If you were hoping to stream Sunday’s Super Bowl XLV on your PC or laptop, you might have to make other plans. Just days before the Super Bowl, federal officials in New York seized 10 websites allegedly responsible for illegally streaming live sporting and pay-per-view events, including material from the National Football League, the National Basketball Association, the National Hockey League and the World Wrestling Federation.
The seizures were carried out on Tuesday by federal prosecutors and Immigration and Customs Enforcement in New York. The websites include Atdhe.net (profiled by Digital Trends here), Channelsurfing.net, HQ-Streams.com, HQ-Streams.net, Firstrow.net, Ilemi.com, Iilemi.com, IiLemii.com, Rojadirecta.org and Rojadirecta.com. The sites’ content has been replaced with an ICE seizure notice and a familiar copyright reminder threatening “five years in federal prison, restitution, forfeiture and fine” for first-time offenders.
“Online piracy of live sporting event telecasts threatens the investment that broadcasters and digital media companies are willing to make to distribute live content, the leagues’ ability to sell game tickets and secure local television and radio carriage, and the value of advertising revenue generated by broadcast, radio and new media products,” the affidavit read. “Sports fans are also victims, as the costs expended by sports leagues in an effort to address online piracy are passed on to fans when they purchase tickets or subscribe to sports networks.”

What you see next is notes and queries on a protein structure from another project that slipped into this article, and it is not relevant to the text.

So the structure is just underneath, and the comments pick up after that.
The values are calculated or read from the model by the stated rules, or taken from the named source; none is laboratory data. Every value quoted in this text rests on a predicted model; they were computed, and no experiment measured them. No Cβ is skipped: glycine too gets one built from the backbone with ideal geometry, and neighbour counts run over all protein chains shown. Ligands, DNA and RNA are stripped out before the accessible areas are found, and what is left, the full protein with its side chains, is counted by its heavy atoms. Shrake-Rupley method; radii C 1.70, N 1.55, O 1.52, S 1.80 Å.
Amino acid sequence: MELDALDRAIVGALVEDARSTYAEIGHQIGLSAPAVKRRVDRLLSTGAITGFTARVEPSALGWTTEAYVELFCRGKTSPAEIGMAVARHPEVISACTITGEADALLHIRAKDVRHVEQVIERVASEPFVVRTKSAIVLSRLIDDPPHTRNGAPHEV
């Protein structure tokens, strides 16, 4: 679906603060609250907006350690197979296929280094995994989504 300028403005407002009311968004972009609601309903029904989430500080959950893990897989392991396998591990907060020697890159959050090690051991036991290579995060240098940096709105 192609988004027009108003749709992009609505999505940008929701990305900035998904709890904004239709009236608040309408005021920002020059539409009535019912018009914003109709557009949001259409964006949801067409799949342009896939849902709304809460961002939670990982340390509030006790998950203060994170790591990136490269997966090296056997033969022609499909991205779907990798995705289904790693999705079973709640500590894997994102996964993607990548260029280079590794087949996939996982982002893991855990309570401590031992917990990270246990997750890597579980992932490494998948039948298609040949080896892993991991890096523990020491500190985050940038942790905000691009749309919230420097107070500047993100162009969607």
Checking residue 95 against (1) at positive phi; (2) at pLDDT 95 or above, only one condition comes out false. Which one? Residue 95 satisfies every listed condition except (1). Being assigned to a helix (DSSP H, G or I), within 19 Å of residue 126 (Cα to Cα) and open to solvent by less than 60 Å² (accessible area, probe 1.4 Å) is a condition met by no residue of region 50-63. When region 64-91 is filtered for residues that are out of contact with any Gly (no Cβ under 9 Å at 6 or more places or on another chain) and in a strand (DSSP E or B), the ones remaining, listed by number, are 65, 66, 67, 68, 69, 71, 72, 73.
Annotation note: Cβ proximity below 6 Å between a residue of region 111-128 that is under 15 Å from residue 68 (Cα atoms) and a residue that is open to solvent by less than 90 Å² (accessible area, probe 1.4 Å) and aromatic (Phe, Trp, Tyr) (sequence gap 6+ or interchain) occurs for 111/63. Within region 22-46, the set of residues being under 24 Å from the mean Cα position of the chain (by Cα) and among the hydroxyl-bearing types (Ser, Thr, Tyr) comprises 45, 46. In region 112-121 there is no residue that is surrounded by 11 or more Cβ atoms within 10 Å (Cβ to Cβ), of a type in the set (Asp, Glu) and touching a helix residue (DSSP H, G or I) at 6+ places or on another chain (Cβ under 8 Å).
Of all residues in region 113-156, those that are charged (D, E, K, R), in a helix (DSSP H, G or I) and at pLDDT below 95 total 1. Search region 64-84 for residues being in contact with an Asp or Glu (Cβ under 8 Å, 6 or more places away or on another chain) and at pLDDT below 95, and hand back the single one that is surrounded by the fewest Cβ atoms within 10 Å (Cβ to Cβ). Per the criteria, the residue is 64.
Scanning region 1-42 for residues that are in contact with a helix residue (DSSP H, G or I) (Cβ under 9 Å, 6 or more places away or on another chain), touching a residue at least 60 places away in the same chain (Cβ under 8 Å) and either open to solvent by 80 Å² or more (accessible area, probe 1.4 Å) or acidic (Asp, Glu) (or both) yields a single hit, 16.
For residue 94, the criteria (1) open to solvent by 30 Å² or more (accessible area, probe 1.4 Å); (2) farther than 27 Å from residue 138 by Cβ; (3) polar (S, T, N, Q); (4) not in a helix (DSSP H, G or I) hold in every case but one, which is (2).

When websites are seized, they often return in a matter of hours or days. So if government officials were hoping to curtail streaming of Super Bowl XLV, then they might have moved too soon. The folks running Atdhe.net have already launched a new website that’s functional and streaming live sporting events. Unless ICE moves quickly to shutdown the new site, it’s likely the Super Bowl will have at least one online home.